- Eye tracking reveals how long it takes a visitor to find and see specific sections or items on your webpage
- It shows the order in which visitors see things
- It identifies what helps and what hinders the conversion journey
- By identifying friction, you can improve the conversion journey and convert more customers
In an earlier eye tracking article, we introduced the value of the technique as part of the conversion optimiser’s arsenal of research methods. Now, let’s take an example of the kind of insight it provides that can inform your website design choices, namely “time to first fixation”.
I’ll also describe how you can use it to test the possible impact of changes before you roll them out to your live audience.
The power of eye tracking is partly its ability to show us where visitors’ eyes move to on a webpage and in which order they see the various elements. So, how do the data and associated observations translate into webpage design?
Well, they can show us is how many seconds it takes a visitor to see a particular section on your webpage and what they looked at before they got there, i.e., time to first fixation.
What does that tell us? It means we can identify the parts of your design that may be helping and/or hindering the visitor while they try to get to a critical part of the webpage in their conversion journey.
Here are two similar product pages—the objective of both is to get a visitor to add the product to their bags.
We performed eye tracking tests on both pages with a group of women aged between 35 and 45 years. Here are the results—the red indicates prolonged eye fixations.
Measuring time to first fixation
With eye tracking, we can take heat mapping further. For instance, we can see how long it takes participants to notice the CTA.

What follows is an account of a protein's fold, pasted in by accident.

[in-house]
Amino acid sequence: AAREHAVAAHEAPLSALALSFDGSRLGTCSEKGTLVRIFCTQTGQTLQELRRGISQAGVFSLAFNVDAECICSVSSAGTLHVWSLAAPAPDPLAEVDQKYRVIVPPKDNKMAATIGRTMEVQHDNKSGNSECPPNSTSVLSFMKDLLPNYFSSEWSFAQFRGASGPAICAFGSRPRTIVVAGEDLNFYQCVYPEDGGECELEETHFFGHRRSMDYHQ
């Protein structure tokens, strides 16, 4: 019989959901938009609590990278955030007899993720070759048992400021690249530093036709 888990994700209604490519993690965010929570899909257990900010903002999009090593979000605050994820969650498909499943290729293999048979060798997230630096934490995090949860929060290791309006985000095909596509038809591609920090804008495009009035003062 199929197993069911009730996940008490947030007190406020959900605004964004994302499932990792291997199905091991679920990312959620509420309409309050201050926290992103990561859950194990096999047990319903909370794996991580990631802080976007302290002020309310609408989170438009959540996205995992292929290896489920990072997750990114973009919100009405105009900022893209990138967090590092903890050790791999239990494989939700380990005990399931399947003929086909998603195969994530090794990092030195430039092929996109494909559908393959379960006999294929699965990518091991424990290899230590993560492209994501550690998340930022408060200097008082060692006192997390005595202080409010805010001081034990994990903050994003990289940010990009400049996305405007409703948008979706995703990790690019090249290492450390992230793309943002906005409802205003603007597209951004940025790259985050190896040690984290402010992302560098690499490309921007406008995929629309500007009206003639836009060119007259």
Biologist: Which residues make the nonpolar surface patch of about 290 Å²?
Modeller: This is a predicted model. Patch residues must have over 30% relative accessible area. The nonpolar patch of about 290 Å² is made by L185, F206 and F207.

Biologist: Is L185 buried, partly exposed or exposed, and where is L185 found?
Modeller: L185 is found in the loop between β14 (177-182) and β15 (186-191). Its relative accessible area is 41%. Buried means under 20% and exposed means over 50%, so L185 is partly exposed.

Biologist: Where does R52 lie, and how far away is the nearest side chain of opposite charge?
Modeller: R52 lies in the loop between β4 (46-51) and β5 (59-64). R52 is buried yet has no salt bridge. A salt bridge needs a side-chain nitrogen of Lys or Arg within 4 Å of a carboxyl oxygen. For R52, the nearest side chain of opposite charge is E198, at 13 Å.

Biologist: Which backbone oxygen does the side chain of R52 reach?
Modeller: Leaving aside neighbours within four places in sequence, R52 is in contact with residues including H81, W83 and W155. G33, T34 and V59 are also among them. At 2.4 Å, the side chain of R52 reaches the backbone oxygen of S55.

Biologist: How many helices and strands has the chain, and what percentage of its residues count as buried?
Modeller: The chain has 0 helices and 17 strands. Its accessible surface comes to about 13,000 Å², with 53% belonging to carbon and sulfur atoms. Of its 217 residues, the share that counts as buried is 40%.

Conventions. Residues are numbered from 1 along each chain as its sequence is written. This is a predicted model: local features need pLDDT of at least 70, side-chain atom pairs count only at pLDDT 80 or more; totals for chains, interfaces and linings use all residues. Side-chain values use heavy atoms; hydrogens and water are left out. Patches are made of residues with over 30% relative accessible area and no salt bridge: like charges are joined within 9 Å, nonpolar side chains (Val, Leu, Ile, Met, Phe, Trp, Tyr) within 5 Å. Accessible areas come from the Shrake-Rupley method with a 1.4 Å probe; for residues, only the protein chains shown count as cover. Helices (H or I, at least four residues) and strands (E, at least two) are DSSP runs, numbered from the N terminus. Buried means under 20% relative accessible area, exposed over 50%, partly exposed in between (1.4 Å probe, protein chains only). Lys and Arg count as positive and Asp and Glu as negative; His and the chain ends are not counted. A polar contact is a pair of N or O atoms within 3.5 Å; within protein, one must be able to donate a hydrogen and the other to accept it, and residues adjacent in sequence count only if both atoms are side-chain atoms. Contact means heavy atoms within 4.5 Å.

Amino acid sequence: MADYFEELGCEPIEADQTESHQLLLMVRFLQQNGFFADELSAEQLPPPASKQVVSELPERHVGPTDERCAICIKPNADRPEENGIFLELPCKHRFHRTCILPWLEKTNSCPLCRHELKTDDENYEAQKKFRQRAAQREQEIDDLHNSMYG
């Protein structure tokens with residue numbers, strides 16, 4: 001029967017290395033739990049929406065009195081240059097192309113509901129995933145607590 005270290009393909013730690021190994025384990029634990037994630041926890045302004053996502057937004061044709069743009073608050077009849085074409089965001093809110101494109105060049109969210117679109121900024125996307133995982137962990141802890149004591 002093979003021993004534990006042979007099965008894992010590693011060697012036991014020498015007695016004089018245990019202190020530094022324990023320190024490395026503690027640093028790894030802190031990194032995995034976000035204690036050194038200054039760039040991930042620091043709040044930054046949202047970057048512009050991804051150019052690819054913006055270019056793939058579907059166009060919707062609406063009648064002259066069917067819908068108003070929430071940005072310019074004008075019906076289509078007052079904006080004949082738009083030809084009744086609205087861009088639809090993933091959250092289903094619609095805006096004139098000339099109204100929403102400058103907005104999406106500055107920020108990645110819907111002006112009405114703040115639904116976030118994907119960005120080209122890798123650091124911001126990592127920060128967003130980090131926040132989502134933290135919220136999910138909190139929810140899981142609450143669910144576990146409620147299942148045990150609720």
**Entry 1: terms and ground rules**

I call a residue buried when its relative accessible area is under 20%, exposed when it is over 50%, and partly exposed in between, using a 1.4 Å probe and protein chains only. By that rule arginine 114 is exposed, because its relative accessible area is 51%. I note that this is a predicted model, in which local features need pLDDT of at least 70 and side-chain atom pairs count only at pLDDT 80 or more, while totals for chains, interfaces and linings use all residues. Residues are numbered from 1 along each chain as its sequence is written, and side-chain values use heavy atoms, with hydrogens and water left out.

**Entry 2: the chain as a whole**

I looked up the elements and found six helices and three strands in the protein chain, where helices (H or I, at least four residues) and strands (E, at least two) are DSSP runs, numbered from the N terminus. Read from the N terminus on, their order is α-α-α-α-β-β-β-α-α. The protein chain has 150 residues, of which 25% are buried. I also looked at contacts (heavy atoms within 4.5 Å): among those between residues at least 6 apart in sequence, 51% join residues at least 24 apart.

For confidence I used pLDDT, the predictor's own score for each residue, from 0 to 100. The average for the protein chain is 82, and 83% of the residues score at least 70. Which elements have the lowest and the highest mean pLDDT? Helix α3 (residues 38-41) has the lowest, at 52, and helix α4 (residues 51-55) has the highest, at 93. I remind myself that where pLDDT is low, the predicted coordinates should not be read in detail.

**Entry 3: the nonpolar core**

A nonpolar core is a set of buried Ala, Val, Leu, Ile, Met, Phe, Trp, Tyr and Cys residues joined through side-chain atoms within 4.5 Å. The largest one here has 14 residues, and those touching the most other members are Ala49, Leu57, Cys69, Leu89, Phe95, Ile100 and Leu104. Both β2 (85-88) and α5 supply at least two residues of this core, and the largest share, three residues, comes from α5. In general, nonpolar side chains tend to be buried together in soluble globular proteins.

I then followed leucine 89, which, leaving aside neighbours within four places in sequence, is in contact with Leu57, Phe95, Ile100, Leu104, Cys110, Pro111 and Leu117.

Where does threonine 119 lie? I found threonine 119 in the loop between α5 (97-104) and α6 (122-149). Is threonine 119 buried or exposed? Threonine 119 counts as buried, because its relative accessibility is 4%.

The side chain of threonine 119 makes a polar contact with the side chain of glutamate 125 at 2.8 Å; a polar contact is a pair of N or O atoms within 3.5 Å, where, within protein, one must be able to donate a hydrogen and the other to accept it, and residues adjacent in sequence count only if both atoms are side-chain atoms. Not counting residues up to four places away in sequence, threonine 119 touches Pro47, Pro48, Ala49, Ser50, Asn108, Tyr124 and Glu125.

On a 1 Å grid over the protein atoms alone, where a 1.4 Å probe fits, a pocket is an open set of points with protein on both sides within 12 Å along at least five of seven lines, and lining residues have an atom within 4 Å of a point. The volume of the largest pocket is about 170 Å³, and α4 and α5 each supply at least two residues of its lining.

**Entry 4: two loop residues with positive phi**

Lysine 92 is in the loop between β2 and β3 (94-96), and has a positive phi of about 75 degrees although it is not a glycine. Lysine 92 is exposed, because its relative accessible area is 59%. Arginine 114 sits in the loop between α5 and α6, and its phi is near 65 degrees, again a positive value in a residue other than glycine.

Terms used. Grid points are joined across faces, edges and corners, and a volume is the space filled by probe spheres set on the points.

If we look at the average time to first fixation on the CTA, we see the following.
Do you think three seconds isn’t very much? Then consider your own website and add up all those three seconds on different webpages. What would the combined impact be on your customer journey if your webpage design does not help them find what they’re looking for (or what you want them to see)?
Each extra second soon adds up as a distraction to drag your visitors from the position of potential customers to website abandoners.
This doesn’t mean that all extra images are bad and distracting and will hurt conversion – it is all about context. For example, is the visitor ready to move to the CTA? Have we given them all the information they need? Have we persuaded them enough to believe our product or service is right for them? Can we drive impulse and upsell purchases?
What we do know is that by making it easy for your customers, and their experience more enjoyable, they’re more likely to continue shopping.
By understanding the time to fixation within your page design, you can use the data to inform your testing to make the customer experience better.
How do we ultimately know that these changes are having the right impact? By continuous testing to see if you’re achieving your goals of increasing transactions and revenue.